In Christianity, the Resurrection, the Resurrection of the Lord Jesus, did not happen two thousand years ago to cause something to happen that is relegated to the last day. Christ rose to give us a new life now, from the moment in history when the Resurrection occurred until eternity. Christ did not rise like Lazarus or the daughter of the chief of the council or the son of the widow of Nain, as they were before His resurrection. They rose in the sense that the human life that they had had prior to their repose was returned to them but then they died because human life must arrive at an end, as natural human life in the body. The Lord Jesus, however, was resurrected to eternal life. He did not simply return to how things were before His death in the body. Resurrection to eternal life is that the life of God is that by which the Lord Jesus was resurrected in the body. For this reason His body became a body of glory, not susceptible to that to which it was susceptible before His death, no longer susceptible to sickness and death and no longer subject to the needs of the material body. The body of the Lord Jesus was spiritualized through the uncreated divine life by which he rose. The fact that Jesus, after His resurrection in the body, ate and allowed His body to be touched and the marks from the nails and the wound from the spear to be felt, as with the apostle Thomas, was not to affirm the sensibility of the body of the Lord Jesus, but to establish the He is the same one whom the disciples knew and that His body was the same one in which He died. That is, that this very same one is the teacher Jesus whom they had known. But something fundamental had changed in the body—it had become a body of glory. The way in which he appeared to us is not on account of the characteristics of the new body, but on account of the marks of the love of the Lord Jesus for us and His condescension so that we may be assured that the one appearing before us is the same one who came before and whom we knew and so that through this we may come to faith in the new life and in a glorified body given to us in the resurrection, first to the Lord Jesus and then to all mankind who believes in Him according to the divine words, “But as many as received him, to them gave he power to become the sons of God, even to them that believe on his name: which were born, not of blood, nor of the will of the flesh, nor of the will of man, but of God. (John 1:12-13).”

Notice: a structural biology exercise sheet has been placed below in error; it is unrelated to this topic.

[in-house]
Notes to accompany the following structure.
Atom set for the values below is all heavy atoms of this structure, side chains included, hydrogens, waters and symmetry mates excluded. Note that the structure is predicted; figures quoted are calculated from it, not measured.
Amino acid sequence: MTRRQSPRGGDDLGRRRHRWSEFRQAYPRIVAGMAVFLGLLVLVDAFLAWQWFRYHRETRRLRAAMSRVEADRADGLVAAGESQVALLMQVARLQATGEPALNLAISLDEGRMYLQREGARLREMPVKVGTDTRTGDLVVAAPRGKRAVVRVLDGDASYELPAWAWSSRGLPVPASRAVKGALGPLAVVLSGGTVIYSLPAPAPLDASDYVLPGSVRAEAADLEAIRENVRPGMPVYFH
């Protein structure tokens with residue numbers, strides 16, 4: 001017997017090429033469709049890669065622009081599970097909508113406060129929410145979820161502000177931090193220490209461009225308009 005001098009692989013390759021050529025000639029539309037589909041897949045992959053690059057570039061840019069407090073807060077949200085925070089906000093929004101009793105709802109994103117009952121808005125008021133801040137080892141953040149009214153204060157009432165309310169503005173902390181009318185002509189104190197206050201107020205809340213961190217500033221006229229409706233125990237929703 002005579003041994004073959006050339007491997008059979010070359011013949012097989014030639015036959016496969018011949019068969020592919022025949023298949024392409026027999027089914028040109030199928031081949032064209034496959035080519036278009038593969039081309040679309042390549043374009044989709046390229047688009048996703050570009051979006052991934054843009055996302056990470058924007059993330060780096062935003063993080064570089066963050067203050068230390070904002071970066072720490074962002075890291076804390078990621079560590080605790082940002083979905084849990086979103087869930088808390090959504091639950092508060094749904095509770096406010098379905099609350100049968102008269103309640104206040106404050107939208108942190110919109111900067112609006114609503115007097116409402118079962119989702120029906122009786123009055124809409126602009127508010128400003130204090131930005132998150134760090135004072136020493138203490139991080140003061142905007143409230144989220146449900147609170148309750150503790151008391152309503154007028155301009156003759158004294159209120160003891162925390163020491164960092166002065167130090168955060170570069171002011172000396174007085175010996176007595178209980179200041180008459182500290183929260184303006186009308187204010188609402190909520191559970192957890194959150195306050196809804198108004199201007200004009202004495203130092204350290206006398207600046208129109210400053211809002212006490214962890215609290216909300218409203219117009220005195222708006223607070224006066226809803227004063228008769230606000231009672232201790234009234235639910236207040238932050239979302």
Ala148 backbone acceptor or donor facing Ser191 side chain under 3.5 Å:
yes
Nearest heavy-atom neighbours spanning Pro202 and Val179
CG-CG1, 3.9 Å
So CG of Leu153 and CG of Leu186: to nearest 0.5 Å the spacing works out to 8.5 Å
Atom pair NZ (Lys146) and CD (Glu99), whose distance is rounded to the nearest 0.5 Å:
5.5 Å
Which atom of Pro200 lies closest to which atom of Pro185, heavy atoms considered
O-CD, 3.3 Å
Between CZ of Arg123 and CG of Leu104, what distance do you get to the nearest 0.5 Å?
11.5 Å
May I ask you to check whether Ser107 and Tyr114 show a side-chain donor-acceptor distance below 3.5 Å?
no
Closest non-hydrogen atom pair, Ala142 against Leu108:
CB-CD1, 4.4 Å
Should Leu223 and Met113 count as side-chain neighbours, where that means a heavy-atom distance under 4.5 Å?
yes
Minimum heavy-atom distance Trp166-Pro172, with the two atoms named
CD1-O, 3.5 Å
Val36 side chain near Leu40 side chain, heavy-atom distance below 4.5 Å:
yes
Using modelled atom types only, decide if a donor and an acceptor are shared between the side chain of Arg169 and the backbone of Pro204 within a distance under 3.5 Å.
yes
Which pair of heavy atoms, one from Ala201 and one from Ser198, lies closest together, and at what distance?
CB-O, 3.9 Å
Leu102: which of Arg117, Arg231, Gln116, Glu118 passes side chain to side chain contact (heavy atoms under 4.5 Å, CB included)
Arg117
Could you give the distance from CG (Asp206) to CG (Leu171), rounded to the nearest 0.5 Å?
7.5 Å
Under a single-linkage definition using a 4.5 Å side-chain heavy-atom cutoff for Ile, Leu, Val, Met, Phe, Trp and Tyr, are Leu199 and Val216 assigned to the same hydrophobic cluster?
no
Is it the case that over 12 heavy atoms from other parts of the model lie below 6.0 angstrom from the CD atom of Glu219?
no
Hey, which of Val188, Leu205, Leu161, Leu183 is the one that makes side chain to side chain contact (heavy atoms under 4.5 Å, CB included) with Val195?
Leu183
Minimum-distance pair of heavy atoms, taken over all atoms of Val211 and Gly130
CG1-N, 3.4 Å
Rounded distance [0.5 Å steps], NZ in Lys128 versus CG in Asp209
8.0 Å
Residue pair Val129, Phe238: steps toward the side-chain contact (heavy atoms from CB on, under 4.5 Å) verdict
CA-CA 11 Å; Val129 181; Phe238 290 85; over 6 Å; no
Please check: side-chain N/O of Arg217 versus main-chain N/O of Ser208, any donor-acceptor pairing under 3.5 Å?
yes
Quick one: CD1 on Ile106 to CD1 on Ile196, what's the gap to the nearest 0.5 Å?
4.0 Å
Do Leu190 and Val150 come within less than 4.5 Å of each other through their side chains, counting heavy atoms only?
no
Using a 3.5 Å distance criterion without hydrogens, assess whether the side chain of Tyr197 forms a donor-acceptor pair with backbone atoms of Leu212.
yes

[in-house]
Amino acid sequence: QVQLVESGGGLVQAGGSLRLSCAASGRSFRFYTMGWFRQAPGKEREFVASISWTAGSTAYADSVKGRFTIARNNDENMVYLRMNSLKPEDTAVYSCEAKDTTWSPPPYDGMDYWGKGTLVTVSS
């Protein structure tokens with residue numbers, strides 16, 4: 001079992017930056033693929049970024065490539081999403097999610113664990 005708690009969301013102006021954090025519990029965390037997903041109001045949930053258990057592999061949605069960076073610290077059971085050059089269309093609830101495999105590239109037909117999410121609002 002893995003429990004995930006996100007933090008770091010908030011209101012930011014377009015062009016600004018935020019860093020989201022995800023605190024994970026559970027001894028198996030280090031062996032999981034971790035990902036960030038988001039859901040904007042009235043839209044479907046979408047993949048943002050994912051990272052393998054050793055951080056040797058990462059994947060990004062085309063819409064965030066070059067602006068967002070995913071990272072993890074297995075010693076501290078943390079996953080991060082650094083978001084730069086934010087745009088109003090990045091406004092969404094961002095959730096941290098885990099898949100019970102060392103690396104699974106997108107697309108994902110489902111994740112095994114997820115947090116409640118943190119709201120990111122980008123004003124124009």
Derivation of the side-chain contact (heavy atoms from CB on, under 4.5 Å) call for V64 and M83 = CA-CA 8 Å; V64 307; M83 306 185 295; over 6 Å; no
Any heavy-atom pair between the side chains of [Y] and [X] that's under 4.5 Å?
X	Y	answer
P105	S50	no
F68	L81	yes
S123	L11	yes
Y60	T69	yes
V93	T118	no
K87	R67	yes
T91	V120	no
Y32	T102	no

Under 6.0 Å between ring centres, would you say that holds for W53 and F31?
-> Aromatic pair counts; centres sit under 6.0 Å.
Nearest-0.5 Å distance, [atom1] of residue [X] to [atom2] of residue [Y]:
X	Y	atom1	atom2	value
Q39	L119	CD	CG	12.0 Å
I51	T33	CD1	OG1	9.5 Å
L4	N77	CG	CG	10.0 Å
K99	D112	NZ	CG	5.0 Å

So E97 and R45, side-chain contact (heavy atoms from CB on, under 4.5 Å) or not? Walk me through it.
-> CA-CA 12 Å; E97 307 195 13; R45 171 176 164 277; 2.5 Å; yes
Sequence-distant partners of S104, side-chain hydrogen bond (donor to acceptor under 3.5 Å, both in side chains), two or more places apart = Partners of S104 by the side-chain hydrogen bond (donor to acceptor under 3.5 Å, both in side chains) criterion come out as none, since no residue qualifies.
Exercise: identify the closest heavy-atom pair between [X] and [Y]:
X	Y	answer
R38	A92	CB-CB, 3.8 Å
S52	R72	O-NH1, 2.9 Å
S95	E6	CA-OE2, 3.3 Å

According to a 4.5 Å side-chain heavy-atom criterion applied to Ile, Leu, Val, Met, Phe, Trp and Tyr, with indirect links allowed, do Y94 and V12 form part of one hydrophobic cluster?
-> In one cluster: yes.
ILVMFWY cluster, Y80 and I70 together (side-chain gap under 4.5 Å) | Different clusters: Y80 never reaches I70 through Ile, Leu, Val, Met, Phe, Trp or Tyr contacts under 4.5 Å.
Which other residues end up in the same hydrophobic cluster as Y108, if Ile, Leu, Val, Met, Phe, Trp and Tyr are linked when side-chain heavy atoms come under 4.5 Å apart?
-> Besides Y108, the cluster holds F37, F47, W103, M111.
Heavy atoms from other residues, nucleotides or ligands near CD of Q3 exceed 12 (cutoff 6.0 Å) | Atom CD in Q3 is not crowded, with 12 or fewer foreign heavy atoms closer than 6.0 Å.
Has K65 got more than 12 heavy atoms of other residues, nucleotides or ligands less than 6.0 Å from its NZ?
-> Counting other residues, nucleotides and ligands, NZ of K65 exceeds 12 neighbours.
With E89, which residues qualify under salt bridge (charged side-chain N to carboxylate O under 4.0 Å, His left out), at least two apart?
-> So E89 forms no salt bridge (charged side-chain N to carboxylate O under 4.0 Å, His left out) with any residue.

The new life, the life that wells forth from within God, the uncreated life, eternal life, this is given to us by the Holy Spirit. At Pentecost Christ our God gave us the Holy Spirit from the Heavenly Father in order to draw us close to the new life and its gifts that came through His resurrection. For this reason, Pentecost occurred and extended itself, through the Divine Mysteries, to all those who believe in Jesus. Through baptism, we are born into this new life. Through chrismation we acquire the divine gifts that are for this life. Through the mystery of the Eucharist, we are nourished by its stream, by the body of the Lord and His blood, by the life which is in it unto eternity. Thus we who believe in Jesus are alive, from this moment, with the new life which we have been given. The divine mysteries are the channels by which this life comes to us along with the spiritual graces which are its fruits, according to the Apostle Paul when he says, “But the fruit of the Spirit is love, joy, peace, long-suffering, gentleness, goodness, faith, meekness, temperance: against such there is no law. (Galatians 5:22-23).” These are not moral or social or human values. These are spiritual effects. It is the Holy Spirit who works them, and not a person’s spirit or his thinking. If not for the new spiritual life that settles within us, then these graces would not appear.